by Deena Wicker, November 8, 2022
On October 12th, several members of the English Department were informed of possible scabies, giving professors the option to temporarily move courses to virtual format.
According to Allison Baker, professor and chair of the Department of English and Modern Languages, it was later found that only one case had been reported unofficially. To alleviate concerns, we have requested that the Environmental Health and Safety Department clean the English classrooms in Buildings 5, 9 and 24.
“[Students]were worried. They were nervous and uninformed about how scabies is transmitted,” Baker said.
According to the Centers for Disease Control and Prevention, common scabies infestations occur when microscopic mites burrow under the top layer of skin, causing itching and small, bumpy rashes. It is spread by “target and prolonged contact”.
Diagnosis requires confirmation of existing ticks. This can be detected by the presence of eggs or droppings. Treatment includes the application of mangeicides, prescription drugs used to kill mites and their eggs. Relief is usually seen within 2-4 weeks after treatment.
Another variation of scabies, Norwegian scabies (scaly scabies), is a more severe form of scabies that poses a higher risk for immunocompromised people. Because of its high tick count, it is more contagious than scabies and is usually treated orally.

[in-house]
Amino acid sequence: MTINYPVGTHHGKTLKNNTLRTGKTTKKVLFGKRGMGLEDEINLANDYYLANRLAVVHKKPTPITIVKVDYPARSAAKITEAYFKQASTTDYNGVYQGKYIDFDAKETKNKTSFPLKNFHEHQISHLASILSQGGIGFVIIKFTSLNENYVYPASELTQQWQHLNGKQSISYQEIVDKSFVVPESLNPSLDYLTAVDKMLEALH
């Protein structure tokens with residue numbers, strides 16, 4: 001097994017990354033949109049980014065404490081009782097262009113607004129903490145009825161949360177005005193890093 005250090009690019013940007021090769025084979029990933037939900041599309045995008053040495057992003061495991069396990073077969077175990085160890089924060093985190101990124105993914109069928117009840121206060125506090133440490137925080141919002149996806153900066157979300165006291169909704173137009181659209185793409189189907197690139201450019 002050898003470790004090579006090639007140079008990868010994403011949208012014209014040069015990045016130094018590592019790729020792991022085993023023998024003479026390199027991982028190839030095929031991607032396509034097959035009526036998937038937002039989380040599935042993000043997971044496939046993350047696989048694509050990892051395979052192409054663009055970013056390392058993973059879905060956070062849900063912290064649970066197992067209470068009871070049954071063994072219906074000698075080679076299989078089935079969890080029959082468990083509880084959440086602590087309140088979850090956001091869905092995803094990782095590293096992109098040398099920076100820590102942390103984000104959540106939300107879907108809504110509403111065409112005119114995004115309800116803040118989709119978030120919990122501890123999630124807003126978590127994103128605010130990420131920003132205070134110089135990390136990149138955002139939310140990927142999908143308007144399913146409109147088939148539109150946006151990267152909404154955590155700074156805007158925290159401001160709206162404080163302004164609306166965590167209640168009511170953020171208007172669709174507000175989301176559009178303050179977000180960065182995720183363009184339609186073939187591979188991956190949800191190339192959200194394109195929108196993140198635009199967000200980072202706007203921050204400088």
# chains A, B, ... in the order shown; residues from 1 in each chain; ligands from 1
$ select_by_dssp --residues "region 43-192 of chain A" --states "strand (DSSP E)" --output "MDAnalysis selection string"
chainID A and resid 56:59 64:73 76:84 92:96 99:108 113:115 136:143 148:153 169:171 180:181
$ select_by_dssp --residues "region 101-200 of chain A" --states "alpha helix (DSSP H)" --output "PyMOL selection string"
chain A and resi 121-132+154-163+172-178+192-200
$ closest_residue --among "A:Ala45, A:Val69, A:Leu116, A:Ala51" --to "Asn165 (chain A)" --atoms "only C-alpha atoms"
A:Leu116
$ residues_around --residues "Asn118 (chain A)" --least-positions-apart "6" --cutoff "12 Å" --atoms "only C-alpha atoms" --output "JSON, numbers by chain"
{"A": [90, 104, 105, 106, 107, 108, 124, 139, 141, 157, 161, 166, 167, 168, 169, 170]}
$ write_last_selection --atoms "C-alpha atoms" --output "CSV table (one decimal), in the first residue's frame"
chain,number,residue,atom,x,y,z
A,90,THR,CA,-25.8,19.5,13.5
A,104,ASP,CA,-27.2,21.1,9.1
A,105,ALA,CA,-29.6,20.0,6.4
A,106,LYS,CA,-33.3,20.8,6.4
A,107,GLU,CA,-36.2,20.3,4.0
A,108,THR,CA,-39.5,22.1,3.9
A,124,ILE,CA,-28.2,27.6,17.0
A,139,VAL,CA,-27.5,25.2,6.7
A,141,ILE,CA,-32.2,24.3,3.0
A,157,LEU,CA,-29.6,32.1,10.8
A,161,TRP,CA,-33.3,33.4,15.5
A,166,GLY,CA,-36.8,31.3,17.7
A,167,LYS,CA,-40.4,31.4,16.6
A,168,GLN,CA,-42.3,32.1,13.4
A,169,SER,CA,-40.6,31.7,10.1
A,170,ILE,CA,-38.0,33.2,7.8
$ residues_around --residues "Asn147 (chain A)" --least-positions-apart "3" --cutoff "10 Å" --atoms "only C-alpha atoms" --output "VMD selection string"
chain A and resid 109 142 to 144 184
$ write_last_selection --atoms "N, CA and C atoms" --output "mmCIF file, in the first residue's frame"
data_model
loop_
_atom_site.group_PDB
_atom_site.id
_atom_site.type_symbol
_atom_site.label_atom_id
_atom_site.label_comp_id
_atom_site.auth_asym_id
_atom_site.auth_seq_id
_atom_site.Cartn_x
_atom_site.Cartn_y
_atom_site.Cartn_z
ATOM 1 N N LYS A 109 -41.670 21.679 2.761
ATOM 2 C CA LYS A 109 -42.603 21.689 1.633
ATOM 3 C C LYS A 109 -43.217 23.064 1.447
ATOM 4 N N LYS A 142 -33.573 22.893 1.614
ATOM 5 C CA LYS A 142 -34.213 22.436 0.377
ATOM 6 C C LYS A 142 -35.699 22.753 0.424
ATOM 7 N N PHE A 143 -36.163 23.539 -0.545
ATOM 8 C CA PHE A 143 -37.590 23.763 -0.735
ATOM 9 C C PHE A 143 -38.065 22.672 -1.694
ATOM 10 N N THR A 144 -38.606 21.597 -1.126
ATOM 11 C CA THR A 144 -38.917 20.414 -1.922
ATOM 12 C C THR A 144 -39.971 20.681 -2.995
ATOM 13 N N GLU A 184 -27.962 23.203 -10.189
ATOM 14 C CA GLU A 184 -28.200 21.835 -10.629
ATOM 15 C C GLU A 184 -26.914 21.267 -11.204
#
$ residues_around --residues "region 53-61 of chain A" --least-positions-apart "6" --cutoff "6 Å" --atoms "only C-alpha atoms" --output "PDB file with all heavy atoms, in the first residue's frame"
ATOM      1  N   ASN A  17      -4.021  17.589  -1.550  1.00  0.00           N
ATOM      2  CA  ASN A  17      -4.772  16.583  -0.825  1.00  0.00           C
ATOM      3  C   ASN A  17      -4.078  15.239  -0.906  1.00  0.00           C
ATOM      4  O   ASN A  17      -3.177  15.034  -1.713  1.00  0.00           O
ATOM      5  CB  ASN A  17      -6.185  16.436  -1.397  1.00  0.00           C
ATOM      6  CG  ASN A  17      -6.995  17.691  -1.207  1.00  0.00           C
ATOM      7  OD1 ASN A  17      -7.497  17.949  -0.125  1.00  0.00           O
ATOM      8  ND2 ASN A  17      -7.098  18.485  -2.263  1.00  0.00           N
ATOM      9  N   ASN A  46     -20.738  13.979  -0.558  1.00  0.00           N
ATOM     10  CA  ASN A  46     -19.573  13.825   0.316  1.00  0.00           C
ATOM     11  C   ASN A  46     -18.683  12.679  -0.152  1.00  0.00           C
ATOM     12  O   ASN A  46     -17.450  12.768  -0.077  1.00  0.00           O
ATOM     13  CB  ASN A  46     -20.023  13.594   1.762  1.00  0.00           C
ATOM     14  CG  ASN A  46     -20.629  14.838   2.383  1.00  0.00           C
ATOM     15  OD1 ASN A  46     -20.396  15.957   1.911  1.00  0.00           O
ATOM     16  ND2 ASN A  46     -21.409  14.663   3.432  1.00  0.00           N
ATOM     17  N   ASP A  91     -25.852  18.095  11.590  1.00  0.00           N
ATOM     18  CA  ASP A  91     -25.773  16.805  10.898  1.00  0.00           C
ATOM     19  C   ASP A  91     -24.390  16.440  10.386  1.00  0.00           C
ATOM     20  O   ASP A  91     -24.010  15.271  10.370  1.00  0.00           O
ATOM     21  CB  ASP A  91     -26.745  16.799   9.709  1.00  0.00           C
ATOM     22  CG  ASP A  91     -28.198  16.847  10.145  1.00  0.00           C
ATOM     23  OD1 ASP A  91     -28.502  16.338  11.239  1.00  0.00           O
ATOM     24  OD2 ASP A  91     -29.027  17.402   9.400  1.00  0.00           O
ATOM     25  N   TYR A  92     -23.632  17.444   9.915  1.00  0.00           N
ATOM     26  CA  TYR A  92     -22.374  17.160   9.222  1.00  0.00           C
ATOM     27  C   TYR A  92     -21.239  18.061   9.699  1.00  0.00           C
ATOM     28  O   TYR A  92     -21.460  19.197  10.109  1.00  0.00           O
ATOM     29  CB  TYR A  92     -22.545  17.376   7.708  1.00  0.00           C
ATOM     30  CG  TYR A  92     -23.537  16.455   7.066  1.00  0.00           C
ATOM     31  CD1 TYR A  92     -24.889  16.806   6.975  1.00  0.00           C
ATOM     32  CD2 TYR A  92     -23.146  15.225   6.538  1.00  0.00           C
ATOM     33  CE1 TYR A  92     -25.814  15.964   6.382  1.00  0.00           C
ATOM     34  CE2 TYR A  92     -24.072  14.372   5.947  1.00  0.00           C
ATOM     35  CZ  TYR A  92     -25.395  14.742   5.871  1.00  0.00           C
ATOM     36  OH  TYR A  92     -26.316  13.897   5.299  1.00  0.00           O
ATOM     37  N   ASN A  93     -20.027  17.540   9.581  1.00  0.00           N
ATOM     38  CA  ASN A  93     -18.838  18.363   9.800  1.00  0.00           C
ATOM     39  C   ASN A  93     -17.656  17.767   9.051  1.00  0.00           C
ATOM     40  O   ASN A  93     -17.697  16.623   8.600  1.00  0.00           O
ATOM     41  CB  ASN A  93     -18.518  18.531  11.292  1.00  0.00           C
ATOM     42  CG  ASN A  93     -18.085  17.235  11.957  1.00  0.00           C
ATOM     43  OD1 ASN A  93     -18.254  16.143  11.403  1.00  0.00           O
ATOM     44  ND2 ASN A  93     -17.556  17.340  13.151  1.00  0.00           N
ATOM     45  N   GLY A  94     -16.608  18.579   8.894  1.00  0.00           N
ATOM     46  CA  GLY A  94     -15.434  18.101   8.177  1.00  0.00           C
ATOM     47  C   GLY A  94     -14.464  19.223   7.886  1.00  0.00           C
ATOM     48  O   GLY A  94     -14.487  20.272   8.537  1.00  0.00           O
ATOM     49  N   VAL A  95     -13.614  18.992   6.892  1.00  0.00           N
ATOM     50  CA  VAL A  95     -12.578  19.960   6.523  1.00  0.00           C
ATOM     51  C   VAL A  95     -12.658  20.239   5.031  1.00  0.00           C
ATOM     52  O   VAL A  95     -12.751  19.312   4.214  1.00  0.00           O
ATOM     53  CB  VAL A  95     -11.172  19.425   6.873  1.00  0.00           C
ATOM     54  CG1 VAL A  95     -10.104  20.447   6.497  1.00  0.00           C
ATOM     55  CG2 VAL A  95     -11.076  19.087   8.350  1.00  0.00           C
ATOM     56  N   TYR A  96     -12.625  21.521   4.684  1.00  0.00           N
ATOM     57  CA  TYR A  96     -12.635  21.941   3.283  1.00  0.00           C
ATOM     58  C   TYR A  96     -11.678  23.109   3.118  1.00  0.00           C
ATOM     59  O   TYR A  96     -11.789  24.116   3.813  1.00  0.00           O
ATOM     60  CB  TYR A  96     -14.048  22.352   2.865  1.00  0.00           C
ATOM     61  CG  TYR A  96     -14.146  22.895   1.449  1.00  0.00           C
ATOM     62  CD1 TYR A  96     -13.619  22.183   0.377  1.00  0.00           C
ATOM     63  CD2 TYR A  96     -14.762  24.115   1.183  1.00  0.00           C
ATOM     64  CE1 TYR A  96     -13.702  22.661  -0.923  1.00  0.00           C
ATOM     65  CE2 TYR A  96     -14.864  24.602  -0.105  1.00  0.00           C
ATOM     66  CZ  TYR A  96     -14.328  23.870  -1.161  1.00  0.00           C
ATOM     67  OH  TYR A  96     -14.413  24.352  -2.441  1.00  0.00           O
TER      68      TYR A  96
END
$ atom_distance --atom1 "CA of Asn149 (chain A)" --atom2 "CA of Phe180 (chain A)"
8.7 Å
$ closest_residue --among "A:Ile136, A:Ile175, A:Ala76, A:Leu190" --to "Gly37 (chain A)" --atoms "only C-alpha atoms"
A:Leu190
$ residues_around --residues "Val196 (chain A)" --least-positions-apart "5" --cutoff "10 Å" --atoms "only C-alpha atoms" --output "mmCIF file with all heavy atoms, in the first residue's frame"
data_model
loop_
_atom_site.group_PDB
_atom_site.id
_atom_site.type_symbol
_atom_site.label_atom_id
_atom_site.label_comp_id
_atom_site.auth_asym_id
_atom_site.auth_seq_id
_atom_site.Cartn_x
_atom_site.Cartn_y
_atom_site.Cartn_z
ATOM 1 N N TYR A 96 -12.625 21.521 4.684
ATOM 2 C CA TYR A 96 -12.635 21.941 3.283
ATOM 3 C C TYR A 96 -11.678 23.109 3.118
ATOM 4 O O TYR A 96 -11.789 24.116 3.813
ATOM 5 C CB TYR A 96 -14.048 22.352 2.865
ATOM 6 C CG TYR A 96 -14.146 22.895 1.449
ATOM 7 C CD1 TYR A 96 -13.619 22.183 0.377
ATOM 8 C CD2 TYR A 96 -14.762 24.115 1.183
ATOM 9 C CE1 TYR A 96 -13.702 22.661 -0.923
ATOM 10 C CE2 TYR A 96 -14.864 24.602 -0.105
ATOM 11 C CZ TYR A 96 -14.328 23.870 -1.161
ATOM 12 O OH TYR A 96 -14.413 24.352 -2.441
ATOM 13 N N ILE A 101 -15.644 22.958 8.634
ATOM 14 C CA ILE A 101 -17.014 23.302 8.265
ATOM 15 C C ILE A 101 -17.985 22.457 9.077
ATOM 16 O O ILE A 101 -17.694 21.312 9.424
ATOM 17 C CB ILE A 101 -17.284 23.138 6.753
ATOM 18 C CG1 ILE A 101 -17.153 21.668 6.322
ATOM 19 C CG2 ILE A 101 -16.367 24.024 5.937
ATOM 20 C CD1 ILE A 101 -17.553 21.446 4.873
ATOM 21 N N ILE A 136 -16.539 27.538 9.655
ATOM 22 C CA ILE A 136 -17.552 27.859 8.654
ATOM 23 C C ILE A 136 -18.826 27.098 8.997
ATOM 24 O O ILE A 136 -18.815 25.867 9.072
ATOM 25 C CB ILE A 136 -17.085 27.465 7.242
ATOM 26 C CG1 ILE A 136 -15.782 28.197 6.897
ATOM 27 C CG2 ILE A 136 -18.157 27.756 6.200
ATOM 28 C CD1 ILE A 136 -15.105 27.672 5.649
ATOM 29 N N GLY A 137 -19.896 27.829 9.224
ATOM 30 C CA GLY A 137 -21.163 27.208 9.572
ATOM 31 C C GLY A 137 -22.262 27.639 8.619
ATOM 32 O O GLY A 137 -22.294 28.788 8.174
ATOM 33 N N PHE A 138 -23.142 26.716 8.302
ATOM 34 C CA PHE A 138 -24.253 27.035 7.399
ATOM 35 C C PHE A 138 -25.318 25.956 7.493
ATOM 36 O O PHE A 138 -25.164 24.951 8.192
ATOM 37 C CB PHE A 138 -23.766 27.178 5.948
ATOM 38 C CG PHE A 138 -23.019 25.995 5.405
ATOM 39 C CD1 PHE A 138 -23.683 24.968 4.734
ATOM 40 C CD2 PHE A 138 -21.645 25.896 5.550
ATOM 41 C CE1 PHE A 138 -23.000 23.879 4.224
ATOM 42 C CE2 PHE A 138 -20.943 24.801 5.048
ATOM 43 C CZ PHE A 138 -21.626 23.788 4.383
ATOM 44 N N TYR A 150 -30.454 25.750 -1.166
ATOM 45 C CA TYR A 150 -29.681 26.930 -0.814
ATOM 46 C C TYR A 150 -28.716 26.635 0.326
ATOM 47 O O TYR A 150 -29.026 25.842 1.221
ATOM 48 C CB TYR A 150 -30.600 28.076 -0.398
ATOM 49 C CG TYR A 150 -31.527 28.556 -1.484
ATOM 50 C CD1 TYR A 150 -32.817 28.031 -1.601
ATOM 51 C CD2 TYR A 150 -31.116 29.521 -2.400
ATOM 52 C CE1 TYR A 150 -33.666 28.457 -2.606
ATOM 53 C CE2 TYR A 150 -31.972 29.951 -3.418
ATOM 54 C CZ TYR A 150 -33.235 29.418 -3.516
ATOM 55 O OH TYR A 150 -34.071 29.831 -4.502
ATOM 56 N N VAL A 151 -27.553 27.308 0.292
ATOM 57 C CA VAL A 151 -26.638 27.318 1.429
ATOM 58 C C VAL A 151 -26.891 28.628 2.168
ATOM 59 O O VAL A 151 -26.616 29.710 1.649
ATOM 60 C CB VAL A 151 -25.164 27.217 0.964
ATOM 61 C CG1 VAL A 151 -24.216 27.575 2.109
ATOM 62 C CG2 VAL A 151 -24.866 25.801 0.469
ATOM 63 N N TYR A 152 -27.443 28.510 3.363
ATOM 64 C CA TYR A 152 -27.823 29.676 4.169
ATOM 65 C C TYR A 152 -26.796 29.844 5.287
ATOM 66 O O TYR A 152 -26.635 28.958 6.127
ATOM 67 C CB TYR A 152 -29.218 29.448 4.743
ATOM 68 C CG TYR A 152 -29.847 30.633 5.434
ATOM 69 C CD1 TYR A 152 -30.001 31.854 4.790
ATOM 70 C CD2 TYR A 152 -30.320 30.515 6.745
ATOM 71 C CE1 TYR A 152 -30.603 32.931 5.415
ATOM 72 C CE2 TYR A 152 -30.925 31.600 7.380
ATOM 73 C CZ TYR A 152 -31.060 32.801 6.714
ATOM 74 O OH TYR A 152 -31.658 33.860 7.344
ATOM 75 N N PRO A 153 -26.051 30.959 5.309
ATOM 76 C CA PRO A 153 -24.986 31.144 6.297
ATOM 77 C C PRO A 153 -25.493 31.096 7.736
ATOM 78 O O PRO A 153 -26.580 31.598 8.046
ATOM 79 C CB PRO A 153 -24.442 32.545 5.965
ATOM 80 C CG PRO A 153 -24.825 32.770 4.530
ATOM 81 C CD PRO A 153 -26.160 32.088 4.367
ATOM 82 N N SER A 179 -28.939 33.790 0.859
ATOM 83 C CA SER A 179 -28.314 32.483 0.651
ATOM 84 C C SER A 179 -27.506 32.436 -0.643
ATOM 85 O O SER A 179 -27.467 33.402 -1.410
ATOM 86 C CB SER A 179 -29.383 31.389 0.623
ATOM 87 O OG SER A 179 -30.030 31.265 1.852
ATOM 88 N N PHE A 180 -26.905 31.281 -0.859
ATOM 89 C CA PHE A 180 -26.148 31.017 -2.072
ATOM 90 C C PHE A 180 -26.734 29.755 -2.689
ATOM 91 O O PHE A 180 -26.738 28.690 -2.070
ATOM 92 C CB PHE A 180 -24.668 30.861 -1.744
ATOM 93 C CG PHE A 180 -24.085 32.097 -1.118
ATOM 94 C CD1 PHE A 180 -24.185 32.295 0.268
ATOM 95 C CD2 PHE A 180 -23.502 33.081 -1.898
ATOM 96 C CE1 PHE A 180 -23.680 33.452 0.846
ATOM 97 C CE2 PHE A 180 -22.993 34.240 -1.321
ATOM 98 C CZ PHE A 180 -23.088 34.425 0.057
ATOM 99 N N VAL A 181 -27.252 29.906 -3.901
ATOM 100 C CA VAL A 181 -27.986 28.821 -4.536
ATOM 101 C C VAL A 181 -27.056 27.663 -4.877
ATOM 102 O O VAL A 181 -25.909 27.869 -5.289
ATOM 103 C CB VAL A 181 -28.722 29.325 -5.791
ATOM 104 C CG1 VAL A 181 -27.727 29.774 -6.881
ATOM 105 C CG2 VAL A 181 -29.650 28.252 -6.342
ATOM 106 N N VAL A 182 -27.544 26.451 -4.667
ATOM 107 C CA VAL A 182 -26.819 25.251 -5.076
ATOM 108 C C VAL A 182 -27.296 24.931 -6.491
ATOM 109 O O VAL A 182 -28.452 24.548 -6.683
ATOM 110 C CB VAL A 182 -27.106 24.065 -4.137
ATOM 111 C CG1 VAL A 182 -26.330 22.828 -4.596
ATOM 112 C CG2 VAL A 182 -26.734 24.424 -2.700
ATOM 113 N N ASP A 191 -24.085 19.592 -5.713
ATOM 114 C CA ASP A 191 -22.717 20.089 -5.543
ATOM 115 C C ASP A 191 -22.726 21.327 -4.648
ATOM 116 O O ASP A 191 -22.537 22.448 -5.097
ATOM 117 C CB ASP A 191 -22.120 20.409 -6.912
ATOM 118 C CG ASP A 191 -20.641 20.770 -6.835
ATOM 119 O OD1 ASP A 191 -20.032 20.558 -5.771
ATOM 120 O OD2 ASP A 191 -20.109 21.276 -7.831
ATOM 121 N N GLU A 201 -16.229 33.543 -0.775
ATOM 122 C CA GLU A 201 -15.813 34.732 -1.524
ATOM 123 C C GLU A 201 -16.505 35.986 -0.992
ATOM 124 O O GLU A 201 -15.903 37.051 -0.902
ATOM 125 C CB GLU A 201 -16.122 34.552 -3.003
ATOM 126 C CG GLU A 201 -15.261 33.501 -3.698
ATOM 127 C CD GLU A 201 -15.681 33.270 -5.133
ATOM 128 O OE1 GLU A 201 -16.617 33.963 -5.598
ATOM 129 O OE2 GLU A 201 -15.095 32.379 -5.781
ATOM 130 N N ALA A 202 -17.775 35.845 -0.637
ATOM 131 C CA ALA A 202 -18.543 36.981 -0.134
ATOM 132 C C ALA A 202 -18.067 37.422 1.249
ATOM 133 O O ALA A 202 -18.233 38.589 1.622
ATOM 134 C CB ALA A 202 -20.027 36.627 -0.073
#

Norwegian scabies poses a significant threat to student health, but diagnosis and treatment are readily available through student health and wellness services.
“Scabies can be diagnosed. It’s not like COVID,” said Rita O’Neill, administrative director of Student Health and Wellness Services. “It’s not a respiratory or airborne infection.”
O’Neill said the student health center did not receive symptom reports or confirmed cases, and management options were limited.
“Basically, we got in touch with faculty for any information. We put out issues about what it was, what it wasn’t, and what it could easily treat,” O’Neill said. I got “That’s all we can do.”
The students were notified by the professor via email and Discord group chat and warned of potential problems in Buildings 5, 9 and 24. Many students expressed anxiety due to the uncertainty of the situation and believed that the lack of announcement was irresponsible on the part of the university authorities.
“If you know…students who have it, I don’t need to know their names,” said English Education student James Radigan. I just need to know if it was and how to avoid it.”
Radigan Given the ongoing public health issues such as COVID and monkeypox, I felt the situation should have been addressed more urgently. It was not
Due to the lack of reports, diagnoses, or apparent threats to student health, the SHS was unable to officially announce the outbreak. Furthermore, the condition’s low infection rate and accessible treatment do not justify its official announcement, given the health center’s previous ability to diagnose and treat it.
At the request of the statement, O’Neill is urging students to report symptoms that they believe are of public concern to the Center for Student Health. Official reports allow SHS to properly determine the level of illness concern and safely notify students accordingly.
Students can contact the Student Health Center for reports, appointments, and general health information.
Feature image by Deena Wicker